24. Telegram 160323 From the Department of State to the Embassy in Israel 1 2

Subject:

  • TWA Hijacking

Ref:

  • A.Tel Aviv 3588 B. State 159327
1.
We share Embassy Tel Aviv’s concern that Israeli patience with our efforts to obtain release of two Israeli passengers may be running out (Ref A). Dept. officer received same impression from Israeli Counselor Raviv in September 18 conversation (para 4, Ref. B). Following is recapitulation our thinking.
2.
We share Israeli outrage at continued illegal detention of two passengers. GOI has been fully informed of various measures we have employed in effort obtain their release. In employing these measures we have sought to avoid any appearance of coercion since it our considered opinion that this would be counterproductive. Syrian regime cannot afford publicly to appear to be submitting to American [Page 2] or Israeli pressures.
3.
In any case, USG has little leverage at its disposal for use against Syrians. We do not rpt not know what Embassy has in mind when it advocates “hardhitting campaign” and “strong action against Syria in every way possible regardless of consequences”. Even if such action were feasible, we question whether it would have desired results.
4.
Proposal we do something prevent Syrian election to Security Council is non-starter. Given fact that elections to SC are by secret ballot, that UN membership normally accepts regional choice, that Syria has Asian group endorsement, and that there are no rival candidates for seat Syria seeks, we see no way to prevent Syria’s election or to use Syrian candidacy as bargaining counter in connection release of TWA passengers.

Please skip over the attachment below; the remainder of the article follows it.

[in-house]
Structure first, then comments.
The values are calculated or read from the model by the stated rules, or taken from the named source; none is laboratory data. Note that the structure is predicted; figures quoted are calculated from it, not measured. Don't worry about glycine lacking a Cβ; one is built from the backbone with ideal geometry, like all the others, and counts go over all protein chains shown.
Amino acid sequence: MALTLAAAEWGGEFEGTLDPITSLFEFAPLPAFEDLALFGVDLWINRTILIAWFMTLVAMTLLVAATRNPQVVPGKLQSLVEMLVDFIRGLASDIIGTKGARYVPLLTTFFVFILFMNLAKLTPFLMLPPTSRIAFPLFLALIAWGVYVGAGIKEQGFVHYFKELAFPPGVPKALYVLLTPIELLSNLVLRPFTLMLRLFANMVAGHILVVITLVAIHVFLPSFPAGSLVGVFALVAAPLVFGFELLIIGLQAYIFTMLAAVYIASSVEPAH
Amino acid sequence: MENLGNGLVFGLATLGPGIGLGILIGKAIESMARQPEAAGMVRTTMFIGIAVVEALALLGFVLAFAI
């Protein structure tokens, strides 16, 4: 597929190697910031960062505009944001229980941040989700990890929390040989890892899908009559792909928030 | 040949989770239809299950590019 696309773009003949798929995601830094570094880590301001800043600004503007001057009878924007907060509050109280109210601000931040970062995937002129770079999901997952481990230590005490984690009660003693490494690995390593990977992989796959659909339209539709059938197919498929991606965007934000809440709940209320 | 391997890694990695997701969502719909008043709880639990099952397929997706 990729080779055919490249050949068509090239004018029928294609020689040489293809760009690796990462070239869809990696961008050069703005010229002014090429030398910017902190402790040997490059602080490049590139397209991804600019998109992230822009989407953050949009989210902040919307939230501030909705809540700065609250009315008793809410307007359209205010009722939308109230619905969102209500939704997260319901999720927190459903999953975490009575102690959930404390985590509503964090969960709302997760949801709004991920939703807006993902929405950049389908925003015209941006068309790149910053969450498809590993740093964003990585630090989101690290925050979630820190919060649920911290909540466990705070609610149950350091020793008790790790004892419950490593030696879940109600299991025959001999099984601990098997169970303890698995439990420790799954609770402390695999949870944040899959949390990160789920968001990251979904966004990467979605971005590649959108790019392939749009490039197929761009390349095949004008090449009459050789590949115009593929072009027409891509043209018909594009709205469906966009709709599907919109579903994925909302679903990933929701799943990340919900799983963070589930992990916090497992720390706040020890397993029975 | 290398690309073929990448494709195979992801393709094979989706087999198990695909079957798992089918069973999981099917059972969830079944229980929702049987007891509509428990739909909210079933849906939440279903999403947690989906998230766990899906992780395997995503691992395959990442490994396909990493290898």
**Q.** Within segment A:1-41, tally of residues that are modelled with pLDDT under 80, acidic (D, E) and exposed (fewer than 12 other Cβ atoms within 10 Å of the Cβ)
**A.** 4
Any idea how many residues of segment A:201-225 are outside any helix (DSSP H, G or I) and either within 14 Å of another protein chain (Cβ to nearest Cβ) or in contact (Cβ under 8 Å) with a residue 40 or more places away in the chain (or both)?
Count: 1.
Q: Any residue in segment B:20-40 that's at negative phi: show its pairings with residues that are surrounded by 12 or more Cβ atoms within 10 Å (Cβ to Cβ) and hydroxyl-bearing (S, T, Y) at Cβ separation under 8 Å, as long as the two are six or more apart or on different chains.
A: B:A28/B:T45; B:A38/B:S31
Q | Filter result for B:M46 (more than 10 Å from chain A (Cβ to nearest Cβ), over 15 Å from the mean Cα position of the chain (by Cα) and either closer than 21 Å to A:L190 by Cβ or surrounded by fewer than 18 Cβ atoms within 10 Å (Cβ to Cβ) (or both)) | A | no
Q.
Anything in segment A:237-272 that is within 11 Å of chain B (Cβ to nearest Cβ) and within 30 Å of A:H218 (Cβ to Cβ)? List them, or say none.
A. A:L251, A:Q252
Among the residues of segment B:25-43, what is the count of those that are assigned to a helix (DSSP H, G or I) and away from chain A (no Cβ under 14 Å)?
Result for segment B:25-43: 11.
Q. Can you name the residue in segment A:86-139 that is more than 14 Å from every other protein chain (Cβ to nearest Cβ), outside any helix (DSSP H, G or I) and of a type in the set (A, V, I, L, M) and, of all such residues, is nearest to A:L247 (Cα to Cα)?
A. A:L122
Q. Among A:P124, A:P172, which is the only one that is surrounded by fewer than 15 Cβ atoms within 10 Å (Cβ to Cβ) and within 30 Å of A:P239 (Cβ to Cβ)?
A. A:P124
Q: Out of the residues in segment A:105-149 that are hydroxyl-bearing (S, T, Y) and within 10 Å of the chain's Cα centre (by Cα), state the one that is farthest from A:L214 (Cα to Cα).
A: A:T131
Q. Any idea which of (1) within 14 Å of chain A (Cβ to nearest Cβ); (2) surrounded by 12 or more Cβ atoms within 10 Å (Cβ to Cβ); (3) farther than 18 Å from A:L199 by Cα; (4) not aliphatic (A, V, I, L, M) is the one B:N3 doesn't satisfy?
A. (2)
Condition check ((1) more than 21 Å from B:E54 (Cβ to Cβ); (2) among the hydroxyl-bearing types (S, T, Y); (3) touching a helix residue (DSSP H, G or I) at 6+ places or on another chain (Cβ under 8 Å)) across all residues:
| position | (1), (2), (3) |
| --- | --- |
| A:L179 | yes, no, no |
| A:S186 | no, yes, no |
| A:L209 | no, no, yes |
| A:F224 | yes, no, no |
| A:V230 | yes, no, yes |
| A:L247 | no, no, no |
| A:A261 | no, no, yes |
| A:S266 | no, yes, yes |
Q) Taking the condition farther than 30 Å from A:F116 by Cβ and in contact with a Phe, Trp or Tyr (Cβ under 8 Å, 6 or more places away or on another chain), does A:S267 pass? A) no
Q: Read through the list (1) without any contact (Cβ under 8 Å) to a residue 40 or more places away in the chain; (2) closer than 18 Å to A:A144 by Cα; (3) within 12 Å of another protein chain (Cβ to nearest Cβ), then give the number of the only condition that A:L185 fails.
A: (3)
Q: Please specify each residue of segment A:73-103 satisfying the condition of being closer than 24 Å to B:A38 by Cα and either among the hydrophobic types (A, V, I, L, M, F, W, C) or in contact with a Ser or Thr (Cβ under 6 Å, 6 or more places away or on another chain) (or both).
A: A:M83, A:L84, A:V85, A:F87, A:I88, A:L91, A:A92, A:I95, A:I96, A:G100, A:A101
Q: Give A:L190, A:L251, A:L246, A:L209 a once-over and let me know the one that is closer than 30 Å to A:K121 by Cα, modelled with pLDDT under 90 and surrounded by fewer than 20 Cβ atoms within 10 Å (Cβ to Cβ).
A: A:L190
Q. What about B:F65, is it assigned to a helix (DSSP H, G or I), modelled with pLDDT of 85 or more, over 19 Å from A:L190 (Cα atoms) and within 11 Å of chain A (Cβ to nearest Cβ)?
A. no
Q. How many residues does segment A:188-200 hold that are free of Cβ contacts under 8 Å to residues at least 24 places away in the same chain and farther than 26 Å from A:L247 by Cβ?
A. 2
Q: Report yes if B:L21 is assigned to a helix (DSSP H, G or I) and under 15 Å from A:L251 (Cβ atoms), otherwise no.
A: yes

5.
We understand that Syrians are embarrassed by presence of Israelis who thrust on them by PFLP and disapprove of hijacking. [Page 3] But Syrian regime is shaky aid evidently fears domestic—particularly Palestinian—repercussions if it relinquishes passengers without face-saving quid pro quo.
6.
With above in mind, we have come to reluctant conclusion that the most promising method of getting the two passengers released would be via an Israeli offer of some quid pro quo. Experienced observers such as ICRC reps and Italian and other third party diplomats—all of whom have been in close touch with responsible Syrian officials—concur this assessment. FYI. IATA DirGen also concurs. End FYI. We trust Israelis will give further thought to this possibility.
7.
Meanwhile, we are continuing our efforts. We have again broached matter to Soviets, and we are considering a quiet but direct initiative with Syrian representative in New York next week. Precipitate Israeli action would almost certainly damage prospects for success.
Acting
Richardson
  1. Source: National Archives, RG 59, Central Files 1967-69, AV 12 US. Secret; Exdis. Drafted by Seelye and April Glaspie (NEA/ARN) on September 19; cleared by Jones, Wahl, Loy, Davies and Lloyd; and approved by Sisco.
  2. While sharing Embassy Tel Aviv’s concern that the Israelis might be losing patience over TWA Flight 840, the Department of State emphasized that it had little leverage to use with the Syrians. The Department rejected suggestions to be more aggressive with Syria by attempting to prevent its election to the UN Security Council, concluding that the prisoner/hostage swap would be the best way to end the crisis.